This should come as no surprise to anyone who has known or worked with me professionally, but I have a bit of a thing for Mario Badescu products. I love crazy cutting edge skincare with insane packaging and wild ingredients as much as the next person, but deep down at my core I just like products that a.) work, b.) work and c.) work.
That’s the thing about the Mario Badescu line: what you read on the label is what it’s going to do. Nothing more, nothing less. That kind of blunt, no bullshit approach in skincare is as refreshing as it is rare.
I thought I’d kick off Mario Mondays with product that I’ve been using more or less continually for five years now. Talk about a long product trial period, right?
Whitening Mask from Mario Badescu is a white clay-based mask that brightens the complexion and gives a pep to dull skin. The most important thing I can think to say about this mask is that it is not a bleach-based pigmentation treatment. A bleach-based treatment requires an on-off cycle of use (i.e. use for two weeks, take one week off) to avoid thinning or damaging the skin, but as Whitening Mask is a neutral product containing no bleaching agents it’s both suitable for sensitised skins and appropriate to be used more or less continually for as long as you want to keep using it.
The active ingredients are kojic acid (a mushroom extract used to prevent pigment oxidisation in food products and a common by-product of malted rice in sake production – not entirely dissimilar to a very $$$ brand that tout a ‘miracle’ by-product of sake production, no?), licorice extract (light doses applied topically can assist with hyperpigmentation), mulberry extract (compliments and duplicates the effects of topical licorice extract) and grape extract (compliments the effects of licorice and mulberry extracts). These are all mild, low intensity active ingredients, and unless you had a contact allergy with any of the ingredients, I’d be confident in recommending this mask to all but the most hyper-sensitised skins.
The reason why Whitening Mask has been an old faithful product of mine for so many years is that it’s wonderful for keeping my freckles at bay. If I’ve been a bit slack on the sunscreen or I’ve cycled off using vitamin C products (topical vitamin C is marvy for porcelain skinned gals and boys as it gives your skin a bit of lit from within glow, not unlike a glass of champagne~) and I’m looking a bit haggard and grey, then using this for a couple of weeks gives me that perkiness all over again.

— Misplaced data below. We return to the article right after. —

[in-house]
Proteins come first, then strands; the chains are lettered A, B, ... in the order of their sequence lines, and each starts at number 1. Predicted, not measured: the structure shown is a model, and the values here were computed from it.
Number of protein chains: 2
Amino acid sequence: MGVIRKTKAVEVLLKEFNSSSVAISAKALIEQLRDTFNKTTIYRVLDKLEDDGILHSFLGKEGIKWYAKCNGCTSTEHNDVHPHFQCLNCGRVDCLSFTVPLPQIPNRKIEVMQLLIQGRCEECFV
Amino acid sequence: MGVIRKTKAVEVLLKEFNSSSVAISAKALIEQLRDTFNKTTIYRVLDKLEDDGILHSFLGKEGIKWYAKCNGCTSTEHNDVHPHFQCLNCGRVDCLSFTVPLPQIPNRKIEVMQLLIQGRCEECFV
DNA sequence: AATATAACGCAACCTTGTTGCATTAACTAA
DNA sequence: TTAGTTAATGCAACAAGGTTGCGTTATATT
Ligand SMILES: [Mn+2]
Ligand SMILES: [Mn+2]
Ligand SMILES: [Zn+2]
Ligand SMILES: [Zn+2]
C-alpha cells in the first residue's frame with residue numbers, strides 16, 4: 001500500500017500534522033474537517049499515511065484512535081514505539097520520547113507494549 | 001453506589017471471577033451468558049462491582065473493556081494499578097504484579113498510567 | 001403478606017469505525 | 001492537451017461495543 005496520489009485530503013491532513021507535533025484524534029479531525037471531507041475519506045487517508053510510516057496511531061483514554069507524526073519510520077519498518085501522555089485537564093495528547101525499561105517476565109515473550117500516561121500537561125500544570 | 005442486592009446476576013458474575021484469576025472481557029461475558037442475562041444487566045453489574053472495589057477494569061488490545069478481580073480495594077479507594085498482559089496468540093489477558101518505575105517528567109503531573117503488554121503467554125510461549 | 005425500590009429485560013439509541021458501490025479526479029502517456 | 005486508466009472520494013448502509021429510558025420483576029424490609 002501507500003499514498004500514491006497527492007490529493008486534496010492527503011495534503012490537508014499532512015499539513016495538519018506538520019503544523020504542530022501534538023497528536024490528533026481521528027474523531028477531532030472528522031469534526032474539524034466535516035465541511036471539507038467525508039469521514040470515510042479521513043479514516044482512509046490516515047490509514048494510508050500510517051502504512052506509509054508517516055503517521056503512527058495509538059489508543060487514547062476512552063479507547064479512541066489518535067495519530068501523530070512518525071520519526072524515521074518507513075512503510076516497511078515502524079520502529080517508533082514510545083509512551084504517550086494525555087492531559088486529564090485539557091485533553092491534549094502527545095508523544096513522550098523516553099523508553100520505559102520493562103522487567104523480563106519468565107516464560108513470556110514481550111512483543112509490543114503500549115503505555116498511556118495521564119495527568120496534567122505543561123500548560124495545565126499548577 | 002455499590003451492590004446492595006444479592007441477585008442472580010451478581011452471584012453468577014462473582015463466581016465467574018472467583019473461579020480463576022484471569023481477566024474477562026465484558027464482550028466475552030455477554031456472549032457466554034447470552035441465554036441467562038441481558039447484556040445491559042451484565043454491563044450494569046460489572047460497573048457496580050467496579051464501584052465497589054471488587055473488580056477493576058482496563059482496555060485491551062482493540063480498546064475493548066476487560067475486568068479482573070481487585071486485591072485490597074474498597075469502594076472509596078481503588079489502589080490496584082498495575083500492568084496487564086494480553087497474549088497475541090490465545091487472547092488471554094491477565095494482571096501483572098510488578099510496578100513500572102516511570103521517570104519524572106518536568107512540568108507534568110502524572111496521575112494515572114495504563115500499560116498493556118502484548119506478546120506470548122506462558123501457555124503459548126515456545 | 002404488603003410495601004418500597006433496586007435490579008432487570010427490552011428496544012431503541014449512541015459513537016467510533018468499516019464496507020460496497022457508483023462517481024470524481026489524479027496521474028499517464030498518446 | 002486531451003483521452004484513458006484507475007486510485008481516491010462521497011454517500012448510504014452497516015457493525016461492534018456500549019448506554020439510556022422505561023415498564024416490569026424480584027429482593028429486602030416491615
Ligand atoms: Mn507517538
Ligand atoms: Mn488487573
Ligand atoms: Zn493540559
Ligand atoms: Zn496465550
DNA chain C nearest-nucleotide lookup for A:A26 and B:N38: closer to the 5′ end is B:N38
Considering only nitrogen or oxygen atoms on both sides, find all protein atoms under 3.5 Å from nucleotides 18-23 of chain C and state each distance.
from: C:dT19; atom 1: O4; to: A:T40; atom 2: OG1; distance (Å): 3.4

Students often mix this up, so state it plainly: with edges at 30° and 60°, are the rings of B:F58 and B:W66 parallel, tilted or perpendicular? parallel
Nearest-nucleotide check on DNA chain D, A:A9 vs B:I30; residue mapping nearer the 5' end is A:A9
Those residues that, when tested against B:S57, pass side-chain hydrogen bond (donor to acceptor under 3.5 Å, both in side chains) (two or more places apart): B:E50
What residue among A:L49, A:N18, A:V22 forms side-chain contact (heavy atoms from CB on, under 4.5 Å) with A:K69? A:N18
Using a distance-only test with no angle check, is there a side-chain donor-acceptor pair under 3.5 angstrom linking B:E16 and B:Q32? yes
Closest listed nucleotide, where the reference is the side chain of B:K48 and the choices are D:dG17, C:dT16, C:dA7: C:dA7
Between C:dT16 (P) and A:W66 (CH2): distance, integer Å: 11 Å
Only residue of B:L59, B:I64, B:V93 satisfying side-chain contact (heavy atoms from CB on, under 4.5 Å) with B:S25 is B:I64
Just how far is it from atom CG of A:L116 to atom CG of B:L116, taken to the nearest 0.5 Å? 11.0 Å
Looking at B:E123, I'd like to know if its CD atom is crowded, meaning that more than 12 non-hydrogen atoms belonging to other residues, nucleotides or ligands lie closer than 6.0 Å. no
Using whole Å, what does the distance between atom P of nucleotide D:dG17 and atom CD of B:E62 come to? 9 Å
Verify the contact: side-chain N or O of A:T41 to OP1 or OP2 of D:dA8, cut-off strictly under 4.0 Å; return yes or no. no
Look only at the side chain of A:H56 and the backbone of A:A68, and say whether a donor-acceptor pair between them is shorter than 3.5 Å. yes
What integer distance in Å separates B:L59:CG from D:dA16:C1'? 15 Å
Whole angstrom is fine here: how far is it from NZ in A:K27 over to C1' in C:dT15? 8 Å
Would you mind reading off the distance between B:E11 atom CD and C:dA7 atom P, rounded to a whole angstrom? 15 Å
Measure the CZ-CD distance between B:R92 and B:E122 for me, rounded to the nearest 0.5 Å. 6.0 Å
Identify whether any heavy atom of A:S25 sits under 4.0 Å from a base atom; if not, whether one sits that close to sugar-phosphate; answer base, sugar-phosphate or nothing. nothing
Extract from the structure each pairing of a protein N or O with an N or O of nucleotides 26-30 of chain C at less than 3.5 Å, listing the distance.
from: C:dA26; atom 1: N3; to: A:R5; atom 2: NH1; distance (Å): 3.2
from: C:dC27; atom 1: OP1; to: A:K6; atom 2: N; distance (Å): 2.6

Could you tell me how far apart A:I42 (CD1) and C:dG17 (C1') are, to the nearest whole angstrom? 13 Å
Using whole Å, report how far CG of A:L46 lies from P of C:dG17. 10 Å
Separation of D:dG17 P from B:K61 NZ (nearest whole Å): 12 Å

Contrary to what Mario Badescu claim, I don’t think this is a hydrating mask at all. If anything, the white clay leaves me wanting to go to town with my moisturiser. My skin is normal-dry though, so your mileage may vary wildly.
My method for using this product is about as low-key as you can get. First thing in the morning, before showering or doing any cleansing, I slap on a thin layer and then blearily check my email and slam back a cup of coffee. When it dries to the point that I’m either gently shedding a fine flurry of white clay or it feels tight, I stumble into the shower and rinse it off before doing my usual cleanse-tone-moisturise.
If I’m looking to give some serious glow to my skin I’ll be unusually dedicated and use it two or three times a week. Normally though I just reach for it if I haven’t had enough sleep, I’m looking a bit ill or – and this is a valid excuse for doing a mask! – I just want to sit around for a few minutes.
Is this all making sense? If not, here’s the super short version:
- If you’re looking for an instant super noticeable brightening effect, you’re better off looking at a cheap cloth mask with a bleaching compound.
- If you’re looking for a longer term and/or gentle way to even out your complexion without being bleachy mcbleach-a-lot, this is a good choice.
- A little bit goes a very, very long way.
- It isn’t hydrating.
- It’s an excellent put-on-a-mask-for-the-sake-of-wearing-a-mask mask.
- Suitable for vegetarians and vegans.
Ingredients: Deionized Water (Aqua), Kaolin, Balsam (Myroxylon Pereirae Resin) Peru, Wheat (Triticum Vulgare) Starch, Titanium Dioxide, Zinc Oxide, Sorbitol, Kojic Acid, Mulberry Extract, Licorice Extract, Grape Extract, Scullcap (Scutellaria Galericulate) Extract.
Mario Badescu Whitening Mask retails for AU$64.95 at Kit Cosmetics.